Using HTM for branch prediction

Thank you!

First of all, thanks for the suggestion. I have not implemented this encoder, but I thought about it a bit and I don’t think it would be possible to perform this encoding process as fast as I would need it for this application. Computing the pseudo-random generator on-the-fly and several times for each SDR seems to be very complex to optimize for. Please, correct me if I’m mistaken.

I was not even thinking about a table, but a hardwired solution. Since the synapses in the network are much more expensive to implement than the encoding process, I didn’t think it would be a problem to use this method.

A HW random generator can be really simple ( xor gates) [althouhg not very good]. In any case, TM will take you >100 of clock cycles. Since the CLA algorithm is easy “pipelineable”,… the encoding should be not an issue.

The benefit of this is that it can increase the history of the PC substantially.

That might be impractical if you want some flexibility. For example, if you need static partitioning (let say because you are using SMT). Additionally, wiring is not free. It might require less area but certainly will have a negative impact on power.

In any case, the work is really nice.

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Oh, are you sure there is not a way to make it faster? Even if it’s “pipelineable”, I don’t think it would ever make sense to even think about using TM for branch prediction if it takes that much time to run.

That’s true, but according to my tests, the use of more history does not provide that much benefit = /

I’m sorry, I’m not familiar with this.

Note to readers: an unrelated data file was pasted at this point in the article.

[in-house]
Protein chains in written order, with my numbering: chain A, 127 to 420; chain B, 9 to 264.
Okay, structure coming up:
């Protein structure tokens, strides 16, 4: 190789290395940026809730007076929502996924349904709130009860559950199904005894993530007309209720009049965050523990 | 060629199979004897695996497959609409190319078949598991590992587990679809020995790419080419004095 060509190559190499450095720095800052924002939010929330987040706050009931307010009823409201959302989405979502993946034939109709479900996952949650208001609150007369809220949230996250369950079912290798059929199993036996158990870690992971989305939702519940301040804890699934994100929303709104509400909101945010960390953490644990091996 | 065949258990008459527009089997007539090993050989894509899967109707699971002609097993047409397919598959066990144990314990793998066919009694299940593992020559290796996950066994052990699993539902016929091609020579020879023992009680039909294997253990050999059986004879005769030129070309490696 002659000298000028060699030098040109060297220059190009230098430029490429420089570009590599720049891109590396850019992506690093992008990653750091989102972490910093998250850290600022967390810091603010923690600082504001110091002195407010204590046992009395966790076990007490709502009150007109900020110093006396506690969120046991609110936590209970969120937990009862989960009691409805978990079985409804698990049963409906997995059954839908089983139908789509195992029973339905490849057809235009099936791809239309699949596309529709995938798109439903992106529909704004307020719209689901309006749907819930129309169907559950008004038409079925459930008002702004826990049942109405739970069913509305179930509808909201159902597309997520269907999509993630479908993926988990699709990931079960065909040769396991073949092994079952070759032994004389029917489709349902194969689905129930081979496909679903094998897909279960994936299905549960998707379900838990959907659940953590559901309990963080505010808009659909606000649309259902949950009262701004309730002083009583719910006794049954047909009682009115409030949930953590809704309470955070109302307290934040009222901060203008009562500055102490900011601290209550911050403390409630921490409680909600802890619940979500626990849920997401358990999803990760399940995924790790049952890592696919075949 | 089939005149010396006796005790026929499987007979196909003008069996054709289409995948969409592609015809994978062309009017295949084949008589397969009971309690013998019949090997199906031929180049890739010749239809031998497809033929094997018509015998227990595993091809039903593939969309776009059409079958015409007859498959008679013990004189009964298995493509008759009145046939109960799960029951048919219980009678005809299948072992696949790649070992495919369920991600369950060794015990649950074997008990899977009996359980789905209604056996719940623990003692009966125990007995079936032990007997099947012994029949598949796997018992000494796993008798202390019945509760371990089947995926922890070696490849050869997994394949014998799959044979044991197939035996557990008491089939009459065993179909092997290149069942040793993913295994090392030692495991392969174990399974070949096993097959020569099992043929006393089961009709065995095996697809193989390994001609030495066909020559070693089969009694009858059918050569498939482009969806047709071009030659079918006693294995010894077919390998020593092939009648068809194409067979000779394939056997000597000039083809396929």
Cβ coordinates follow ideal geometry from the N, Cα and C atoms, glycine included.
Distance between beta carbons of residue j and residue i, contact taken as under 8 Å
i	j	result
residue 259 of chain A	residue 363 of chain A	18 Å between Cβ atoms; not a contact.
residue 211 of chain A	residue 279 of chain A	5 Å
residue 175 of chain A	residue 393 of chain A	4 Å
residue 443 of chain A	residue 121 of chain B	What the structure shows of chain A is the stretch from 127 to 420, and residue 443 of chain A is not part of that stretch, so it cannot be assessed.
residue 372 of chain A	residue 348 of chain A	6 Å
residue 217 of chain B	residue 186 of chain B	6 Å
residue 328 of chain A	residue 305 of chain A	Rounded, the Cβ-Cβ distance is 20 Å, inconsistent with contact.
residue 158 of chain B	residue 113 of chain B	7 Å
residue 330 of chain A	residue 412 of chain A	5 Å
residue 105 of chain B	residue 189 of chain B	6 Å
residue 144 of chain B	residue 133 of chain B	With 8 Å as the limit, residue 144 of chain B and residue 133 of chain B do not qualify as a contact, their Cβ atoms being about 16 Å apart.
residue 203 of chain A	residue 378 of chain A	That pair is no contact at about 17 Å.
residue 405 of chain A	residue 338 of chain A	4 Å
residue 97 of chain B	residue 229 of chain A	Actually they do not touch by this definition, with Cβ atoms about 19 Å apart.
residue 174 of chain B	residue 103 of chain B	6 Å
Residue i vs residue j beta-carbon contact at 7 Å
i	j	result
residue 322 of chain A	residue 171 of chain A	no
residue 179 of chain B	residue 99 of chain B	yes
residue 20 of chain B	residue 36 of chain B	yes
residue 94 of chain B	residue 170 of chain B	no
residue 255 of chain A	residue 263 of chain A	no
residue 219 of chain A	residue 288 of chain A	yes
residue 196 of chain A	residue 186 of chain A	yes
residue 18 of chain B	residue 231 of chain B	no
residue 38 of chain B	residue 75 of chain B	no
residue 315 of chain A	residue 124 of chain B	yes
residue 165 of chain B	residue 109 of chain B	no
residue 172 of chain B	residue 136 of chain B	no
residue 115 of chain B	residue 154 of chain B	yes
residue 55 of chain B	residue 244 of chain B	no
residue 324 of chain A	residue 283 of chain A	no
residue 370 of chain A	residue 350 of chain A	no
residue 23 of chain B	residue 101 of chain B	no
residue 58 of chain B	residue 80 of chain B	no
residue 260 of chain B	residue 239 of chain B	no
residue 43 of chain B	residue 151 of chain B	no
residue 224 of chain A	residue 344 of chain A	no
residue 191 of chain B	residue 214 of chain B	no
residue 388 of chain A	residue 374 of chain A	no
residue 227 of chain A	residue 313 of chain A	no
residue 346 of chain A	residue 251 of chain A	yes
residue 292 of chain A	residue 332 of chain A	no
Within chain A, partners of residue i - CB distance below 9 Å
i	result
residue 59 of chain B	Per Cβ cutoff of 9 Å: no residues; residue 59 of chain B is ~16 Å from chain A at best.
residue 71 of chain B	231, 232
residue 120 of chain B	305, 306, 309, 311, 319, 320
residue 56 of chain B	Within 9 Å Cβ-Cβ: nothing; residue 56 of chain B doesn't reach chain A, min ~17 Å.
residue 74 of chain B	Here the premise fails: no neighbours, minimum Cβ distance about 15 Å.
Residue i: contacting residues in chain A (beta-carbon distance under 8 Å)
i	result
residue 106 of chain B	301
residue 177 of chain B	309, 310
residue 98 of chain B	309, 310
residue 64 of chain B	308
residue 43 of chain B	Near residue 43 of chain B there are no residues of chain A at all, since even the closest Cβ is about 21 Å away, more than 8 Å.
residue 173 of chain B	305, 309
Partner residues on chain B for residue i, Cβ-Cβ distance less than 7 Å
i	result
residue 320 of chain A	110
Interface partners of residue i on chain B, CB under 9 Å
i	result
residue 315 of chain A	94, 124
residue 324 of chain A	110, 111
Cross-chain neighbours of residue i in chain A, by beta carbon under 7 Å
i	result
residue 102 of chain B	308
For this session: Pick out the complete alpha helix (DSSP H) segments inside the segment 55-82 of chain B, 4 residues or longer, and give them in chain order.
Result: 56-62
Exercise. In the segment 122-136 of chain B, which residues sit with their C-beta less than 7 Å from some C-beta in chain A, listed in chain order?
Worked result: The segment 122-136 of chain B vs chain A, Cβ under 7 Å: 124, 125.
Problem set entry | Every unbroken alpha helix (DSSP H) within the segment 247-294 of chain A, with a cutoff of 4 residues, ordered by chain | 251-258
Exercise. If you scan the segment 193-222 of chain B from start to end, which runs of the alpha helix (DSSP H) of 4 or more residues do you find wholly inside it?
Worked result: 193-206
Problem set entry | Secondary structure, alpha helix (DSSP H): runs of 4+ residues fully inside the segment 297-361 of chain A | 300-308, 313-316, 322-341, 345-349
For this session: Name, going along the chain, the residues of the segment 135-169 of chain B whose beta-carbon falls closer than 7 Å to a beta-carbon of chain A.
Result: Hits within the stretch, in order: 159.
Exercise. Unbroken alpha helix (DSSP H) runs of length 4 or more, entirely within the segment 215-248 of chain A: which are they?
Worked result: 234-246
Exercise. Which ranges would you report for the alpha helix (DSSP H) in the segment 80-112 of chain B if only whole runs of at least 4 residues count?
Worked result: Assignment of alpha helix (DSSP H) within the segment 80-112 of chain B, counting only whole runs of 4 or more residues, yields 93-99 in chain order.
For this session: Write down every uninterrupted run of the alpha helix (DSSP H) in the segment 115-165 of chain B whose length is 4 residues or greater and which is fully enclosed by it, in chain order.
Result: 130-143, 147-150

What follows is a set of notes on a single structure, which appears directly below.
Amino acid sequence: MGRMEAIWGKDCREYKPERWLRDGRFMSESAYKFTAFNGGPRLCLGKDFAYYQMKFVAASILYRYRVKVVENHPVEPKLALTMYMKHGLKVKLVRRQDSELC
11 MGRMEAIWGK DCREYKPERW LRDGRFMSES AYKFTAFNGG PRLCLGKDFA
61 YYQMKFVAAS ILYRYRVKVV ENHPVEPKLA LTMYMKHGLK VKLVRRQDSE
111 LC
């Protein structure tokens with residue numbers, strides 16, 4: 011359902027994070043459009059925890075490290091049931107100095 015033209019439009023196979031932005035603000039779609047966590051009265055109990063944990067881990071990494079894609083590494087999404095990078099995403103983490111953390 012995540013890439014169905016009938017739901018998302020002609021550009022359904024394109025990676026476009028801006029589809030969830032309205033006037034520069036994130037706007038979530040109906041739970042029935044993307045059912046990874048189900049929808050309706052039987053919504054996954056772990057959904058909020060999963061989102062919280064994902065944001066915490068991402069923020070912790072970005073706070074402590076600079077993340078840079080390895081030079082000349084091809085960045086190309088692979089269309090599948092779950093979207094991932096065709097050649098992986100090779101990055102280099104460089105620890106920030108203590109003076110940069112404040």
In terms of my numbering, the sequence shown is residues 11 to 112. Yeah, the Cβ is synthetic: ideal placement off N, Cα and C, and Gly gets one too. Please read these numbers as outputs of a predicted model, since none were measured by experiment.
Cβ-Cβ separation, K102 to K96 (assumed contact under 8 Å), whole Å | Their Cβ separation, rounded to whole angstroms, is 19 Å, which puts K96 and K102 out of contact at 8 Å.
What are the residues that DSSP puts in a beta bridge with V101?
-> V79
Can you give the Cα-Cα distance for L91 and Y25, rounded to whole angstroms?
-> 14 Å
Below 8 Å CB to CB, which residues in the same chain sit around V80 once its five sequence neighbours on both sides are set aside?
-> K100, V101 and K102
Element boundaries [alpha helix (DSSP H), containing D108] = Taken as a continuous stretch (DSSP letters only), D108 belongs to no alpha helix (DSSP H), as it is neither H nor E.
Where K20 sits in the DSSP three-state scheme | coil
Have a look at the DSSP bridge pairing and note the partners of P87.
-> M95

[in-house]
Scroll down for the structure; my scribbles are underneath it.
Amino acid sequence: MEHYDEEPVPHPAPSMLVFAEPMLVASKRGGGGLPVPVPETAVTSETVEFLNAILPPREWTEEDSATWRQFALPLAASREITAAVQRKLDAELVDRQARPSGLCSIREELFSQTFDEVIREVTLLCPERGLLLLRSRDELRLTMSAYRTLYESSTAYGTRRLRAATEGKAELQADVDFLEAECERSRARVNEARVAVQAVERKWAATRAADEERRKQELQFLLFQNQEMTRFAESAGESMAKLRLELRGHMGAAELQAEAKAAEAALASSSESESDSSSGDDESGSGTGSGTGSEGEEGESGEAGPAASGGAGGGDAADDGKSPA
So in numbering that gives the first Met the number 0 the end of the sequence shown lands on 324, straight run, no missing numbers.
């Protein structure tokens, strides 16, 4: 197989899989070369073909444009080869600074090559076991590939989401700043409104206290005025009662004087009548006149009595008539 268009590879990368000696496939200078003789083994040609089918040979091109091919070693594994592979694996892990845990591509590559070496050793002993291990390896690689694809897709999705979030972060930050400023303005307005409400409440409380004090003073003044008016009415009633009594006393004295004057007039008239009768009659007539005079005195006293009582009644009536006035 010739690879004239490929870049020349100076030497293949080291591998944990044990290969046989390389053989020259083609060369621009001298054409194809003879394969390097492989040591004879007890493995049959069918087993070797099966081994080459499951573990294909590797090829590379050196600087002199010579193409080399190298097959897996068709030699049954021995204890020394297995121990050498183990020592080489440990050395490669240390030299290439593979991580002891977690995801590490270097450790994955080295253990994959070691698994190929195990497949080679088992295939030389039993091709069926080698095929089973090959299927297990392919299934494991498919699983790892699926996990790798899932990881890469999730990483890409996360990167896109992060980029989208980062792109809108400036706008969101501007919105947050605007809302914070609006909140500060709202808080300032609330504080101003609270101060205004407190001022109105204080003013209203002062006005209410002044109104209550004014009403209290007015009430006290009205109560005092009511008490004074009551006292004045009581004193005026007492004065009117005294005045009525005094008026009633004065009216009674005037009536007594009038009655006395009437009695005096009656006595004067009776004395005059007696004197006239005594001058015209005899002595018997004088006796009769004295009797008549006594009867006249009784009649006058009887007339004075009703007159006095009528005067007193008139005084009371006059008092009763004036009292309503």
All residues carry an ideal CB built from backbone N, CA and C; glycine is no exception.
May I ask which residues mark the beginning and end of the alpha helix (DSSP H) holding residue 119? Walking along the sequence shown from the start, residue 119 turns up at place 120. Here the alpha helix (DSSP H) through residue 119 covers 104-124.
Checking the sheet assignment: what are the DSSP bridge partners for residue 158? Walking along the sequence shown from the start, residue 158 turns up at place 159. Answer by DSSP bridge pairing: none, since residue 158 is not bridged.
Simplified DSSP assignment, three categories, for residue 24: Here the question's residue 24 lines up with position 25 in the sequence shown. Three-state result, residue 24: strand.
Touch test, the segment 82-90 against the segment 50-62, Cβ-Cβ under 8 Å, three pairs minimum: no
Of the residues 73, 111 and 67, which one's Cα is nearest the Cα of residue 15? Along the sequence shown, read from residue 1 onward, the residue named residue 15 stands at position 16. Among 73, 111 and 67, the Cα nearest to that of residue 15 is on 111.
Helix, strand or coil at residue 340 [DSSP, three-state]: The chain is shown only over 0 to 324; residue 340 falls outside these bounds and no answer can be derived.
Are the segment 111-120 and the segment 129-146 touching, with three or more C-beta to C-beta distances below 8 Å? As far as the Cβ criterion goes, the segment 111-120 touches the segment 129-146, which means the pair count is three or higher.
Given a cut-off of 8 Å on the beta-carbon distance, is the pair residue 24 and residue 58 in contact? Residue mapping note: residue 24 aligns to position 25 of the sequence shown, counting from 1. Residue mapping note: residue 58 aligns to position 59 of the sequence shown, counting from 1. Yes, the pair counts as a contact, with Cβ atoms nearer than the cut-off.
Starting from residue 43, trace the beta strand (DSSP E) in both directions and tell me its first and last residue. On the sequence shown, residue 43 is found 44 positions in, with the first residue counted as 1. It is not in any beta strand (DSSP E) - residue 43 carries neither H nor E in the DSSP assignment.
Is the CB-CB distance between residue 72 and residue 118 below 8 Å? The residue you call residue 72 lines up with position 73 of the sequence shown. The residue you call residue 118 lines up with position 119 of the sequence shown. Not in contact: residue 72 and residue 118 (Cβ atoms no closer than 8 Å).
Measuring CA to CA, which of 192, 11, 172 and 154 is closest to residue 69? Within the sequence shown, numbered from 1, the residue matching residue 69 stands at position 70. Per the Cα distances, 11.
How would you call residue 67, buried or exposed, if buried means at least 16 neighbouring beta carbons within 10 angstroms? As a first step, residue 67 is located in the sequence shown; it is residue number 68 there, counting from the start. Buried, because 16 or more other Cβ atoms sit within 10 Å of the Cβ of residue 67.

Yeah, it would require some really nice improvements in materials in order to work well.

Thank you very much! I’m glad you liked it.

Don’t think so. With 1024 mini-columns there is a lot of work to do each cycle. If you have a large budget in area and power, it could be improved, but hardly it will be faster than that. In any case, the LSTM paper shows this as a “theoretical” experience… my understanding is that your assumptions are in the same direction. [ And LSTM inference will be millions of clock cycles per “prediction” :slight_smile: and with offline training]

The only way to make it faster is to use smaller systems (few tens of mini-columns) and have a hierarchy :wink:

SMT stands for Simultaneous Multithreading. Some processors, such as Intel’s, statically partition per thread branch predictor tables (and history register) when you enable SMT (Intel call it Hyper-threading).


My understanding of the topic was a little off, then hahaha

Yes, they were, but I didn’t expect it to be for that much hahaha

Right, I can see how hardwired solutions would prevent that.